Delving into the Gcode seems a little daunting to me right now. Will explore using Fusion360 for the GCode later on. I did do a finishing pass. Hmmm. Thoughts?.
Have you played with spline travel?
I haven’t received my Nomad yet…so I’m not sure if it will even run with Motion / CAM gCode / etc (I’m a CNC noob still)
Having said that…tweaking spline travel has greatly improved the quality of my 3D prints, and is a substantial drop in rigid motion // wear and tear on my Lulzbots. If nothing else I’m testing driving it thru Motion for (hopefully) smoother movements all around. (possibly to fake/fudge a helixed movement pattern for threading)
The results are crazy impressive. Seam cross-section closeup | Details | Hackaday.io (edit)
I wouldn’t use it for general machining. Just thinking out loud for thread possibilities.
A (drill and) tap operation in CNC requires a reversible spindle (to back out after the tap is done), considerable horsepower and torque (to push the tap through the stock), G code support, and lubrication.
The Nomad does not support the “rigid tap” and “drill program” G codes, does not have a reversible spindle, and does not have the horsepower or torque to handle a tap operation. Also, tapping requires very slow speeds - lower than what the Nomad can do.
Yes, we can make precision holes with end mills. Yes, we can drill softer materials without the “drill program” G code (CAREFULLY!).
Yes, lubrication can be done manually. Do not place a body part in the work volume of a CNC machine! It is disaster waiting to happen - just don’t do it.
However, in general, the Nomad is not suitable for drill and tap operations (due to the other limitations).
But using a threadmill instead of a tap, given you can make the appropriate gcode that the Nomad can ingest, should be possible. No need to reverse spindle, and can take multiple passes to lessen required spindle horsepower and rigidity.
I’ve been trying to find a good tool that makes gcode the nomad can use, but have been unsuccessful thus far. Most I’ve found want to use gcodes (tool radius offset, and others) that aren’t supported by the nomad; Fusion 360 has yet to implement threadmill tools, and defining a workaround of a dovetail or similar I have difficulty getting the proper thread diameters, but not sure exactly why.
I was able to get fusion360 to give me threadmilling paths. I’m at work so I can’t check my job exactly, but you’re right in that they don’t support the threadmiling shape in the tool library. However, a while ago I spent some time researching this on the fusion360 forums, and I think (again, I don’t have fusion360 in front of me so this is just memory), the way to do it was simply to define a flat endmill with the same outer diameter as the threadmill, and then under the drilling operations in fusion there is a threadmiling operation which will generate a valid pass (you can even define a very small step over and it will give you a multi pass operation where it widens the thread on each pass). Iirc this workaround (flat endmill) was originally suggested by a fusion360 employee providing support on the forums.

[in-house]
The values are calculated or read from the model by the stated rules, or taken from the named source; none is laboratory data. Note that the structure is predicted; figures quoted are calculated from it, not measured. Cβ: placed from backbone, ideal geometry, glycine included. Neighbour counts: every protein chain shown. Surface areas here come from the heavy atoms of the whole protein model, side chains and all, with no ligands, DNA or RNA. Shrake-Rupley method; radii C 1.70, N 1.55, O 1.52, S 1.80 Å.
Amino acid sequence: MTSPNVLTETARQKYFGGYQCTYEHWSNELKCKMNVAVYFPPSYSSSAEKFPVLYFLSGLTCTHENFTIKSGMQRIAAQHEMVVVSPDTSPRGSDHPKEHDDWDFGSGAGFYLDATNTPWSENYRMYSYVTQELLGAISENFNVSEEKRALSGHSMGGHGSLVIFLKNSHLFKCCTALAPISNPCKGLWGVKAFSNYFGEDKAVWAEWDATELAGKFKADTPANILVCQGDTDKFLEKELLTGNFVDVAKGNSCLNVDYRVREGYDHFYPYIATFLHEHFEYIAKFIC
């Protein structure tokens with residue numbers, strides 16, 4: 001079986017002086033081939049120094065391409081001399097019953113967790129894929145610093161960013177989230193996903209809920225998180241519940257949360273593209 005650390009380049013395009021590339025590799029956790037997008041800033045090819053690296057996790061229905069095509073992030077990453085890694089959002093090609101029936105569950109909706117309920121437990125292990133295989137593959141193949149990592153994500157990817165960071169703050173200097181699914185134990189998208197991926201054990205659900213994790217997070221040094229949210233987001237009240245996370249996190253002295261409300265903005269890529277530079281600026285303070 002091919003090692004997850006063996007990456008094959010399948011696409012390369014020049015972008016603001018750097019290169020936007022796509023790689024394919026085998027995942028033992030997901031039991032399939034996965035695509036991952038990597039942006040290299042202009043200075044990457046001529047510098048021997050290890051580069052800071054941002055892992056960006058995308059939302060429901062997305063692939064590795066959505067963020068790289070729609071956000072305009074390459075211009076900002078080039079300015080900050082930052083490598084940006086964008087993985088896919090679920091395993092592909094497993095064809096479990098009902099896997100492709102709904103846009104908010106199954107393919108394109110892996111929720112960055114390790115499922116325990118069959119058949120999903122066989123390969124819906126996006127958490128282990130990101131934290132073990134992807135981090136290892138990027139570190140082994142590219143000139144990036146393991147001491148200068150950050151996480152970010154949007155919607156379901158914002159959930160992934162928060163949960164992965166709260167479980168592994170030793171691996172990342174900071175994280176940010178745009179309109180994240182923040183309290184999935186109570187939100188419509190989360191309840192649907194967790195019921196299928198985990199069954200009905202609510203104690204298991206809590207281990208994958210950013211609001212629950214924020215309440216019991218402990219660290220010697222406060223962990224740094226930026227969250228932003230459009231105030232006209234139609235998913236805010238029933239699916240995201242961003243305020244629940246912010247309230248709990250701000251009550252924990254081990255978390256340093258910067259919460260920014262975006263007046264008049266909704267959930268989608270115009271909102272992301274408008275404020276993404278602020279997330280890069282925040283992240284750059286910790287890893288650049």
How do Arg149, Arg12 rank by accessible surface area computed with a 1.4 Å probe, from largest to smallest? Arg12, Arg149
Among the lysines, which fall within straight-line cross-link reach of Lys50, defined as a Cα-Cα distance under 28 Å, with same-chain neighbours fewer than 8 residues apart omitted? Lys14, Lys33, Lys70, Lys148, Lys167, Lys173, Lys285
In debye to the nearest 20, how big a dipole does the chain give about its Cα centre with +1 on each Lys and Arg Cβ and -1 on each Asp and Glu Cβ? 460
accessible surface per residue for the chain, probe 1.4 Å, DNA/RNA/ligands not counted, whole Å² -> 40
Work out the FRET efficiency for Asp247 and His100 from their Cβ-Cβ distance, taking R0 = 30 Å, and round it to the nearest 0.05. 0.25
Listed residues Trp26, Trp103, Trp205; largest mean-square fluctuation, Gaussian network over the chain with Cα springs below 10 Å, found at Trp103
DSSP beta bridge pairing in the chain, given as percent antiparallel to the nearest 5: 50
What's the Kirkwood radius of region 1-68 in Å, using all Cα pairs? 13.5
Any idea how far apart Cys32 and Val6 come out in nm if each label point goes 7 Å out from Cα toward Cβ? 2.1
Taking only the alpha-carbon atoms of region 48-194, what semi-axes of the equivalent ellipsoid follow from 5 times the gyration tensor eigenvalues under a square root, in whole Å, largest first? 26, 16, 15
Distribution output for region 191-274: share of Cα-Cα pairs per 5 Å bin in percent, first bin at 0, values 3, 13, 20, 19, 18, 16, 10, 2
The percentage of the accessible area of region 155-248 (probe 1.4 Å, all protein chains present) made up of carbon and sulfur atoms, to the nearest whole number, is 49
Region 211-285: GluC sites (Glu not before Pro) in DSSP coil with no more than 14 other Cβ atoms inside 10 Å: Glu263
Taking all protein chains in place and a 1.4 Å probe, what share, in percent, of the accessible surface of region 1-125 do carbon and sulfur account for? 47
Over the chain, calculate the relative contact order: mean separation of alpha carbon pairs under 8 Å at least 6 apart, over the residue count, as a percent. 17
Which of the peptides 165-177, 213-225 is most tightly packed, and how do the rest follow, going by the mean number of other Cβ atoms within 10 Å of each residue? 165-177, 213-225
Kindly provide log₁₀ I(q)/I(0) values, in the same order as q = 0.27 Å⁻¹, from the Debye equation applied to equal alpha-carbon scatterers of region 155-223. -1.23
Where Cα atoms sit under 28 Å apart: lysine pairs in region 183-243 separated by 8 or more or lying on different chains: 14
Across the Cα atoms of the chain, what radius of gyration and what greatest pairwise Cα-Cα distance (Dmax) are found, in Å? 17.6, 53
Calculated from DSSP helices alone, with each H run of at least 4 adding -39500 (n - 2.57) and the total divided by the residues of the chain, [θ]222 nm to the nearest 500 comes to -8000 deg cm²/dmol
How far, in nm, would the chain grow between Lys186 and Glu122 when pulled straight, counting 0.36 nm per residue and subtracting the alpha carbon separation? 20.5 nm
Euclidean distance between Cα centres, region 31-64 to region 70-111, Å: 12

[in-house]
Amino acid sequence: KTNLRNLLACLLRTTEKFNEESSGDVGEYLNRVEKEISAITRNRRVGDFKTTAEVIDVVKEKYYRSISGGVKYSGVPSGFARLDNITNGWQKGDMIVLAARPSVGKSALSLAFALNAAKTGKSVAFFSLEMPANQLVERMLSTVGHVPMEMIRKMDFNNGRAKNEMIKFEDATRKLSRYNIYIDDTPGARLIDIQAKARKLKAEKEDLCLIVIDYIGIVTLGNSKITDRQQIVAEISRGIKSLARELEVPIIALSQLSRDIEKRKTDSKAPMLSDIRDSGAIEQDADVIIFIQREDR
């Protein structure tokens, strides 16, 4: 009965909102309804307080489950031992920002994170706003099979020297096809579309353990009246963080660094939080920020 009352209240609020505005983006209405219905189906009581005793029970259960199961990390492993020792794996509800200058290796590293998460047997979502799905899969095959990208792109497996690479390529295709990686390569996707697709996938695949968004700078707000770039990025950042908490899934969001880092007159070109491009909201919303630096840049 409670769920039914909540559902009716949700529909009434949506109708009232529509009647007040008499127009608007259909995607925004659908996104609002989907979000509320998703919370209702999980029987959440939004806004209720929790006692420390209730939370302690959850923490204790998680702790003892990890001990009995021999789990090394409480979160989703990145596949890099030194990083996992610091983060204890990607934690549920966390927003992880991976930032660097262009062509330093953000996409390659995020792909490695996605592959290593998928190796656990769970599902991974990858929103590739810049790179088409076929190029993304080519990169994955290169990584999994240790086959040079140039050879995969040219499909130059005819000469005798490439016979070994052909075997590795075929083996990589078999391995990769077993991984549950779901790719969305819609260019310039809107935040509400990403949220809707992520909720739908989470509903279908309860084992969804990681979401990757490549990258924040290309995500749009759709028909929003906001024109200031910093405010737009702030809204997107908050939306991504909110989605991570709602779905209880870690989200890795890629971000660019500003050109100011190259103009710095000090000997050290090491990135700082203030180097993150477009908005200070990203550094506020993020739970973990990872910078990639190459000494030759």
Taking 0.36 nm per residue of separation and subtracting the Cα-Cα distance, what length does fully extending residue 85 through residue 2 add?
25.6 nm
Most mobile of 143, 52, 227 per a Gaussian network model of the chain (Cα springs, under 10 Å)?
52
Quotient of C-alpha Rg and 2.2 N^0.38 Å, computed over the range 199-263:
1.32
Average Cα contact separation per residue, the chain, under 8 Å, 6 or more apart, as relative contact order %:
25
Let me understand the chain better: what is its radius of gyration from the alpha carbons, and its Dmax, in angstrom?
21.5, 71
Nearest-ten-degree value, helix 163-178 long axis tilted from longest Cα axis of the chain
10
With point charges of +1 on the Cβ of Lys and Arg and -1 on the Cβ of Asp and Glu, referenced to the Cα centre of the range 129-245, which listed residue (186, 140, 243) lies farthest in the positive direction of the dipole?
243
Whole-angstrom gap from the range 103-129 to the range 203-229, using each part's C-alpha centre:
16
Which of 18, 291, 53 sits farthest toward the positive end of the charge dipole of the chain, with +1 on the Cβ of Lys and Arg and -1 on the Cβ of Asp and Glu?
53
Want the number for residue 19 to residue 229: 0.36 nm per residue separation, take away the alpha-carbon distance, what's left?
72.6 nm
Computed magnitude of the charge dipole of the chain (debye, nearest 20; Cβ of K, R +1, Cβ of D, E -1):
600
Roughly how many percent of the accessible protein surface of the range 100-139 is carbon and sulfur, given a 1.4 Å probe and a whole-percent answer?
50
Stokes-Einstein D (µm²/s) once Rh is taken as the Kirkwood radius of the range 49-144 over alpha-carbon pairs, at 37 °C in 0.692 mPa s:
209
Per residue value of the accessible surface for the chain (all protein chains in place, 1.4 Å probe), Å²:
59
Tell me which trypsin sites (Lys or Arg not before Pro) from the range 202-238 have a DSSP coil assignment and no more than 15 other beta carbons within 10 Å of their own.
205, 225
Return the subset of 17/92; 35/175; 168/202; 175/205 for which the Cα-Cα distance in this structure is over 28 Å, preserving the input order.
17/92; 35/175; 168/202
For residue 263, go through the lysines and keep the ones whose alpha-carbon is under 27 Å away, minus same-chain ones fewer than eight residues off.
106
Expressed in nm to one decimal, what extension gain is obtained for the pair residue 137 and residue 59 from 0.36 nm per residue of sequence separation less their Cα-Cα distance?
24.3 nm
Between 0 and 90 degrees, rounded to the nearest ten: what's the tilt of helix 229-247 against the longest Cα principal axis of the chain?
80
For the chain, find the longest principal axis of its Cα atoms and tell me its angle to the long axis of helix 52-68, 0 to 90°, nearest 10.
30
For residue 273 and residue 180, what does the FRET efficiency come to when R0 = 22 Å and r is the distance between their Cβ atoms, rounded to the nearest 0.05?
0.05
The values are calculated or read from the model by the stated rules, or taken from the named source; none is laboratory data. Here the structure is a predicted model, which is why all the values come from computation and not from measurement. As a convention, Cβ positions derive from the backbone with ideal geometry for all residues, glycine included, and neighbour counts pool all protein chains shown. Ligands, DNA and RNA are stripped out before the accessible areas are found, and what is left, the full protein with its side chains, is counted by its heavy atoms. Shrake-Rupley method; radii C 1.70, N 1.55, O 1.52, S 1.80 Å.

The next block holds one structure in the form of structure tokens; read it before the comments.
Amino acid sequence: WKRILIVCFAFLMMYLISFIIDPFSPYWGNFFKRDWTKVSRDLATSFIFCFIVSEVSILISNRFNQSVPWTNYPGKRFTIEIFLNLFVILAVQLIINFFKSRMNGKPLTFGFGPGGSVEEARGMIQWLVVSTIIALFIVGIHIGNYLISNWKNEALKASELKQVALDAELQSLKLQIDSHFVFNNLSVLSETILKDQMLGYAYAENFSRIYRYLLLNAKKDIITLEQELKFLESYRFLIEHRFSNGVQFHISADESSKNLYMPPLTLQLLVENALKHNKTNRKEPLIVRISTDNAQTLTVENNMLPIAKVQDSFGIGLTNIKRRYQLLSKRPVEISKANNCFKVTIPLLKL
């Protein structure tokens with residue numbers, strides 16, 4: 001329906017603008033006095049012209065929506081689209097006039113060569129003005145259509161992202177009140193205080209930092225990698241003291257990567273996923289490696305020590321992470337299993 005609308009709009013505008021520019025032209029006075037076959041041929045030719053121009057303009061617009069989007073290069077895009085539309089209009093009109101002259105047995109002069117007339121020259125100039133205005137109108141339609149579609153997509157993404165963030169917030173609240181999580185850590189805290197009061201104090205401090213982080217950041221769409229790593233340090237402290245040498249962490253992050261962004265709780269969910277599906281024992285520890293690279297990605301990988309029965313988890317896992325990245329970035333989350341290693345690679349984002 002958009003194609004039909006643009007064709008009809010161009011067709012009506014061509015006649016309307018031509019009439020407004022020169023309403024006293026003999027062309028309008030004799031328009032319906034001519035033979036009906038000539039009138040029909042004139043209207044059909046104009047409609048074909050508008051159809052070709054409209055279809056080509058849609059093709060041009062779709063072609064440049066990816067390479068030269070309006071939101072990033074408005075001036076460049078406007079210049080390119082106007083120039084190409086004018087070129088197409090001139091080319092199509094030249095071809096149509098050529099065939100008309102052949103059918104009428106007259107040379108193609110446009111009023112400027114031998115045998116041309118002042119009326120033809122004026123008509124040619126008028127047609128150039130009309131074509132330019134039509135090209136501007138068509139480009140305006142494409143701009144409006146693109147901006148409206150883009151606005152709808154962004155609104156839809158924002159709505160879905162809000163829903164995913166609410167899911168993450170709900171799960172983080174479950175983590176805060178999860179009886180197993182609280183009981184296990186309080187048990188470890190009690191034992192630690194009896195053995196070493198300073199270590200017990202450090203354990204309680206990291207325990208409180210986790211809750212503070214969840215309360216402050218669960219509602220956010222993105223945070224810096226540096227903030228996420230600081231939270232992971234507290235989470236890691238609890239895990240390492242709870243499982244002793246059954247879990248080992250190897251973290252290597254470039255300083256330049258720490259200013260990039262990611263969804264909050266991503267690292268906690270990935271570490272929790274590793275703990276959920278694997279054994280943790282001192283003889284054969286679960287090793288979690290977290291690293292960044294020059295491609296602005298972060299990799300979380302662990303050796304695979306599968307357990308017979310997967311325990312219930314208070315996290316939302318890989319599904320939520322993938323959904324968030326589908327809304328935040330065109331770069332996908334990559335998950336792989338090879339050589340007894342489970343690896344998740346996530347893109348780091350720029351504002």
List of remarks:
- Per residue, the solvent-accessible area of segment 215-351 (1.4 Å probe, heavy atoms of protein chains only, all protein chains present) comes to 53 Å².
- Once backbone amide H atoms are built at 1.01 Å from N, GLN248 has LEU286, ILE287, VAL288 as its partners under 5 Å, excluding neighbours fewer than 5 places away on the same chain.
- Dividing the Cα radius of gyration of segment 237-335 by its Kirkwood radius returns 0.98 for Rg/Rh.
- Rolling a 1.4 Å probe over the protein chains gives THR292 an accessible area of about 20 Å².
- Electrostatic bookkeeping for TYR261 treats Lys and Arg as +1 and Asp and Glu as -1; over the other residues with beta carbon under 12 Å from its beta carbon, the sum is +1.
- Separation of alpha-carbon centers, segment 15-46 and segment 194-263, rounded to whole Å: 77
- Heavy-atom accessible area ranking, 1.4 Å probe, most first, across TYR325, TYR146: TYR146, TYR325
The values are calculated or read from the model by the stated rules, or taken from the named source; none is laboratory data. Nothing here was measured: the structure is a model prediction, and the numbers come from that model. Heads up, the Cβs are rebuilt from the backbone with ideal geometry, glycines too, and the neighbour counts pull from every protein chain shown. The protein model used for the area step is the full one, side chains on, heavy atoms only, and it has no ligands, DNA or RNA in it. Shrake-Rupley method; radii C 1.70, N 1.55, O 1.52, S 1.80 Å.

Iirc there is a way to define the actual geometry of the screw hole + threads, but that this was not the way to generate the pass. I think you just model the hole, define an operation to drill that out first with a separate pass (drill or pocket or contour, etc.), and then you create a threadmill operation on that hole, and in the operation dialog you specify the pitch (M5x.8) and then it’ll generate the threadmilling pass for you…
Let me know if you need help and I can dig up my fusion project tonight or this weekend and tell you exactly how I did it…
edit: after posting this I got thinking maybe I should forget the drill op of the minor diameter, and just model a 3mm hole and see if that is the problem. maybe even saying I want a M3x0.5 thread is instead using the hole max of 2.5mm; I’ll go give that a try…
Thanks kjl; I did read that info also, and basically that is the method I’ve been trying (I defined a dovetail instead of a flat endmill…like a slotting mill)… I do get a toolpath but it is the wrong sizing and that’s the part I just am struggling with.
For example… I create a sheet 10mm x 10mm x 3mm thick, and I make a 2.5mm hole (cylinder) in the exact middle.
I go into CAM and drill a 2.5mm hole, then do a threadmill operation at M3x0.5 (3mm, 0.5mm pitch).
The threadmill I am using has a diameter of 2.2352mm (0.088"), so I have a simple tool defined with a diameter of 2.2352.
The toolpath generated is a nice helical spirial, except the diameter is too small, so basically the toolpath puts the 2.2mm mill down in the previously drilled 2.5mm hole, and makes a nice little helical upcut but only with a diameter of about 0.18mm instead of 3mm.
The actual gcode below shows a XY of 0.094 +/-
So that’s where I’m stumped… somehow doing a threadmill op and saying M3x0.5 and a tool of diameter 2mm makes a helical toolpath that is too small. Hmmm…